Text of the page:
Hope you can believe in

Tomorrow Barack Obama will be inaugurated as the 44th President of the United States of America. It will prove to be an historic day, no doubt, as the first ever African-American assumes the position of Commander in Chief for our country. What has made Obama so appealing to so many, both within the evangelical community and without, is his consistent message of hope. There seems to be a pervasive belief that the change needed within our culture, and our country at large, can be found in the policies espoused by Obama. Of course the flip side of that argument, as many conservatives are trying to make is that the hope for our country is really found in just the opposite of Obama’s policies. The answer really lies, they argue, in conservative policies and if those were simply in place we would be ok.

I want to take a moment or two to argue that the hope for America is found in neither option. As I shared in the message I preached yesterday, if a Christian is asked concerning their hope for America, their answer is likely “the Gospel”. If you examine behaviors, however, for the average evangelical, it would seem that their genuine hope is not in the Gospel at all, but rather rests in litigation and legislation. Rather than live the Gospel among our community, and speak the Gospel to those we live around, we prefer to work diligently pursuing our dogma of right laws and right judgments, seemingly believing that all will be well if that will just happen. All the while, however, we miss the undeniable truth that scripture teaches, and that is that authentic hope is found only in the transformational power of the Gospel. 2 Corinthians 5:17 plainly teaches that if any man is in Christ, he is a new creation. In other words, for transformation to happen, we need to live the Gospel, communicate the Gospel and trust the Gospel to transform our culture.

For a number of reasons, however, we seem reticent to allow the Gospel to be what transforms our culture. For generations now we have believed that if we could simply change external behaviors by passing the right laws, or forcing the appropriate boycotts, all would be well. In doing so, however, we forget that authentic transformation only occurs when hearts are transformed – which by the way, results in authentic behavioral transformation – rather than simply forcing the behavior to change first and then hoping that the heart will follow. I think a large part of that belief system is based in the fact that Gospel transformation is something that we cannot control. Sure we can share, but genuine transformation is between them and God. On the other hand, we can control elections and boycotts, so we would much prefer to send email’s and circulate petitions than do the difficult work of the Gospel.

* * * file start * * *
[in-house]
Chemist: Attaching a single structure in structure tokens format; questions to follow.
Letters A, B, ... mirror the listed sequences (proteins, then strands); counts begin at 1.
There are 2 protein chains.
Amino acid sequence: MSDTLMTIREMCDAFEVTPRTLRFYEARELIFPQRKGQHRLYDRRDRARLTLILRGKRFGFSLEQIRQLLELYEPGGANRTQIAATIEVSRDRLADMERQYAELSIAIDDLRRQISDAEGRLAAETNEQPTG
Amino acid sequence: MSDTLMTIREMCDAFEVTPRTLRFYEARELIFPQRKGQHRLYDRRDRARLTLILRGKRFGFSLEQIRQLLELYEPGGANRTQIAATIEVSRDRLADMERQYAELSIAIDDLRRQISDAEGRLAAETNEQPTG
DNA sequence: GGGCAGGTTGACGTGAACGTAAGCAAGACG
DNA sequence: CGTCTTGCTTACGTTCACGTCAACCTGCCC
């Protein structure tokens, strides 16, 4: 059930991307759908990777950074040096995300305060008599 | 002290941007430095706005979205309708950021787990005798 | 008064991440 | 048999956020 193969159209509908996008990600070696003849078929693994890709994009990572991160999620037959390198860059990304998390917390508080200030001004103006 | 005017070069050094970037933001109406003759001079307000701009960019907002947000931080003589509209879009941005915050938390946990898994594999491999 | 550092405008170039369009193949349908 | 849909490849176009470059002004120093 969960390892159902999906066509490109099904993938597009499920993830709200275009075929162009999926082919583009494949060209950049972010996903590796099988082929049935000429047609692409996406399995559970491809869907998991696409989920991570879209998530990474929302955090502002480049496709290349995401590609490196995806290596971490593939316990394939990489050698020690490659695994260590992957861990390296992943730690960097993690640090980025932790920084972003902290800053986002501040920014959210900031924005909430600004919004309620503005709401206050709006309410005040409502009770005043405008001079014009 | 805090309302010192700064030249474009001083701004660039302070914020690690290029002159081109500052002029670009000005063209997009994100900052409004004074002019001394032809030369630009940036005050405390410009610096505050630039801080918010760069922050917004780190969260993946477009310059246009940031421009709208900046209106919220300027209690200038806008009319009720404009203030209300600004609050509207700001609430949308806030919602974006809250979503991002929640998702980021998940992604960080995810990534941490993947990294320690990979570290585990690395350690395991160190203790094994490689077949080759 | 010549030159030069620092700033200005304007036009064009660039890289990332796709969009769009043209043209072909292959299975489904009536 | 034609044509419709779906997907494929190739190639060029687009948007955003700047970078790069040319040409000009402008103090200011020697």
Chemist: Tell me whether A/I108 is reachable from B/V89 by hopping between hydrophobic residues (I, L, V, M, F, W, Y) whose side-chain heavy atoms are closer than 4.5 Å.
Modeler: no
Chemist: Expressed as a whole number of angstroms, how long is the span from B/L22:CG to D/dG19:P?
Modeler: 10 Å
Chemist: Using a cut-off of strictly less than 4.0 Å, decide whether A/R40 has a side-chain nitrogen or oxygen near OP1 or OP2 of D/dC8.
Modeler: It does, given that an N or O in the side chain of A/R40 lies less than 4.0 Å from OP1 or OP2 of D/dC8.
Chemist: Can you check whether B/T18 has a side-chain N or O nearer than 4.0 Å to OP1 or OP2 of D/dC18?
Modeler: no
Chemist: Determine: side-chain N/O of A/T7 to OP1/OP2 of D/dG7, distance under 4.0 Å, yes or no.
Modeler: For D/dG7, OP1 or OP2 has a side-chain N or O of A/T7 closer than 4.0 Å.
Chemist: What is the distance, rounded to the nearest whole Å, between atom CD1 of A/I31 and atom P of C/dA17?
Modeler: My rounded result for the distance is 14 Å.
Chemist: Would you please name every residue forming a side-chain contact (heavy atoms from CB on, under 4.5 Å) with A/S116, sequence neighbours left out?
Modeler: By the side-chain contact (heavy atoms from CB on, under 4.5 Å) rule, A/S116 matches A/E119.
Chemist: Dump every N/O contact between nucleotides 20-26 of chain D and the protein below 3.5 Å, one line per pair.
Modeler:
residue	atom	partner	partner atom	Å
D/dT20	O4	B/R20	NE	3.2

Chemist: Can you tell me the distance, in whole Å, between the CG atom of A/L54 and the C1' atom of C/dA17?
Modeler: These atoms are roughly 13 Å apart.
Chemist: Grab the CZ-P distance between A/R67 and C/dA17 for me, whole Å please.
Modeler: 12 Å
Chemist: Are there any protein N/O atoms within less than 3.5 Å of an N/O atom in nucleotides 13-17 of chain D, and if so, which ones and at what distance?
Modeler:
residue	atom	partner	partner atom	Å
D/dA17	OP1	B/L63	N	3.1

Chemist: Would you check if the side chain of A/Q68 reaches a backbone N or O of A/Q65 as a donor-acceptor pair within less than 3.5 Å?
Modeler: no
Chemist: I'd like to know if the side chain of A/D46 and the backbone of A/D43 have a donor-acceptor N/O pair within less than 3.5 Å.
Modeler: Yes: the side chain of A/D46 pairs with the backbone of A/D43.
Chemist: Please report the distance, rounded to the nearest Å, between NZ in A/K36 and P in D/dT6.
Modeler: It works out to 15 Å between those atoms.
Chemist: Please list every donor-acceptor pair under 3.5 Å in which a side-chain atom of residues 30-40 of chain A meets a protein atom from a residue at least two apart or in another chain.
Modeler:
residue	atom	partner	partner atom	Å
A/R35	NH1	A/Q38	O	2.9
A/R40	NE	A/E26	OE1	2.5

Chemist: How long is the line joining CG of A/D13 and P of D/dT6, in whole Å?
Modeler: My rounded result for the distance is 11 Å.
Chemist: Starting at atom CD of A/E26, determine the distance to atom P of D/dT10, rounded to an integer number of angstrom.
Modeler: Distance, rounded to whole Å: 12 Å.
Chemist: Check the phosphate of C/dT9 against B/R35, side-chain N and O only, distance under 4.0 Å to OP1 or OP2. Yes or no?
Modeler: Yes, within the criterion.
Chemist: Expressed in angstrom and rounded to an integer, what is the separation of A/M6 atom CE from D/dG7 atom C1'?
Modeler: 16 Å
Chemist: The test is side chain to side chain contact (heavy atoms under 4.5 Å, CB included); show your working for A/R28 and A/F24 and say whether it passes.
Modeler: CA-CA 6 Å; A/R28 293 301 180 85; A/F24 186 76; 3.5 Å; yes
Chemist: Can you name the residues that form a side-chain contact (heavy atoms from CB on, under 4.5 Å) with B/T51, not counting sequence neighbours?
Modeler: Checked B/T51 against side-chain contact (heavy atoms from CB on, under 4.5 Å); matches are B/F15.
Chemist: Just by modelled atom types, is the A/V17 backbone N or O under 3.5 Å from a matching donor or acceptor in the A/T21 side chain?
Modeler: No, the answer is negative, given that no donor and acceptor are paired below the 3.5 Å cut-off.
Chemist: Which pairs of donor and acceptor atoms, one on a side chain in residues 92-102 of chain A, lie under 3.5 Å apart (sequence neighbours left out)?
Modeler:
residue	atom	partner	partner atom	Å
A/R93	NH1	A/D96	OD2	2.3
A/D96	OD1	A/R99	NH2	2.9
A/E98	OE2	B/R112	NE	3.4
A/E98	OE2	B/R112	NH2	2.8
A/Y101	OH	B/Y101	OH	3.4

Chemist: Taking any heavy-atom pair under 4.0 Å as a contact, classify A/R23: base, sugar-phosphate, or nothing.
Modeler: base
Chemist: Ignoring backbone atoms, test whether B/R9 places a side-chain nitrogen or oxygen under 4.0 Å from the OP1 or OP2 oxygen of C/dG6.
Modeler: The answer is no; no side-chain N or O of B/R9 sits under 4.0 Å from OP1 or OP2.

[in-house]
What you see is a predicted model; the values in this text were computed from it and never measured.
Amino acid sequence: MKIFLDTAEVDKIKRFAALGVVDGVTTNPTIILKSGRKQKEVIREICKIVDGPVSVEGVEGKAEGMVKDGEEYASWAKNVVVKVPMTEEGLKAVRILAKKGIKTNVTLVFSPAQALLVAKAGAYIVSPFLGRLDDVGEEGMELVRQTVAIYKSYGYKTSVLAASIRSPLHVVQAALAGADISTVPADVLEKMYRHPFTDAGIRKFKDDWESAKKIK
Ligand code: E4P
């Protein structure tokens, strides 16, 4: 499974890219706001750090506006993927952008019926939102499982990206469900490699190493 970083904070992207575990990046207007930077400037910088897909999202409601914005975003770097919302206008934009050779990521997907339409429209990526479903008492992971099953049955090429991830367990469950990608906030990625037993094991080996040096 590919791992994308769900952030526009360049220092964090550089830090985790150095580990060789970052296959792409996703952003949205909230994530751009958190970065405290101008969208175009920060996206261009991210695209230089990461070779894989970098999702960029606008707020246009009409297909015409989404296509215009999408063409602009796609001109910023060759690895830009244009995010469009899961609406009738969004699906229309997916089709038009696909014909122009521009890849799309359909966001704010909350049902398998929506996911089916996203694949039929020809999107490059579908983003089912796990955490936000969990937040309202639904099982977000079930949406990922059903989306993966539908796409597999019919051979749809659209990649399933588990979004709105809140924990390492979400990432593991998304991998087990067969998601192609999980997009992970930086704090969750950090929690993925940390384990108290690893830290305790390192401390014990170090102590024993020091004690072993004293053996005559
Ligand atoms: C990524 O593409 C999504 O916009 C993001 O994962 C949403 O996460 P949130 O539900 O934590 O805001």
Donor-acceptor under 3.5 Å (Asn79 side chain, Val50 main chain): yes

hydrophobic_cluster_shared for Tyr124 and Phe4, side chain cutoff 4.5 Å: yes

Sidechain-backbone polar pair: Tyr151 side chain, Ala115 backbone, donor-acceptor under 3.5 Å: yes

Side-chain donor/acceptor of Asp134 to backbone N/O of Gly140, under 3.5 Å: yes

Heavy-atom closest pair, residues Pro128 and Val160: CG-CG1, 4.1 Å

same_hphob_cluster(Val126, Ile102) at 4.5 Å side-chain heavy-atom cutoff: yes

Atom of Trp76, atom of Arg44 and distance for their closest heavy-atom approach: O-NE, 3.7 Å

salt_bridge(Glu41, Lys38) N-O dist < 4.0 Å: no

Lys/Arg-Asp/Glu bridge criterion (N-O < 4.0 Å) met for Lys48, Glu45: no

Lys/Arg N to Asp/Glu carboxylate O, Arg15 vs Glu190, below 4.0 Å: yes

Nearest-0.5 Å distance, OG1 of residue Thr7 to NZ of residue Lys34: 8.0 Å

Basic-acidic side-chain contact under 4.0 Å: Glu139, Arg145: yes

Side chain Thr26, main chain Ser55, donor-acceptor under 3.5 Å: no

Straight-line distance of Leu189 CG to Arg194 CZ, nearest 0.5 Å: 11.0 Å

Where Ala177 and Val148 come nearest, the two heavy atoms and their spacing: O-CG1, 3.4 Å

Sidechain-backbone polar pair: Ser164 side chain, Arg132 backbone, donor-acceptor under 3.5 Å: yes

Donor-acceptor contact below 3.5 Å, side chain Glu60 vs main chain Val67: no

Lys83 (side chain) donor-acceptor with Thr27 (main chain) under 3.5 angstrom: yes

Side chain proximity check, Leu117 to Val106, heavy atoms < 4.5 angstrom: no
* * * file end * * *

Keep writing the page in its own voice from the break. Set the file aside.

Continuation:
So the truth is, as I wrote in November, the activities of tomorrow will not invoke my hope nor does it increase my despair. I appreciate the importance of the President of the United States, but ultimately my allegiance is to the Kingdom of God and the transformation that needs to occur for others to join in allegiance to God’s Kingdom. Thankfully neither the leader of that Kingdom, nor His purposes, will ever be swayed by the outcome of a human election. In fact, I am becoming increasingly convinced that, particularly within Southern Baptist life, we have lost the “Kingdom of God” motif that is so prevalent in scripture. We have transformed the Gospel into a simple prayer that results in a pat on the back rather than God’s intent towards the Gospel that it center around restoration between man and God which occurs when we submit ourselves to God and His Kingdom – which results in authentic transformation.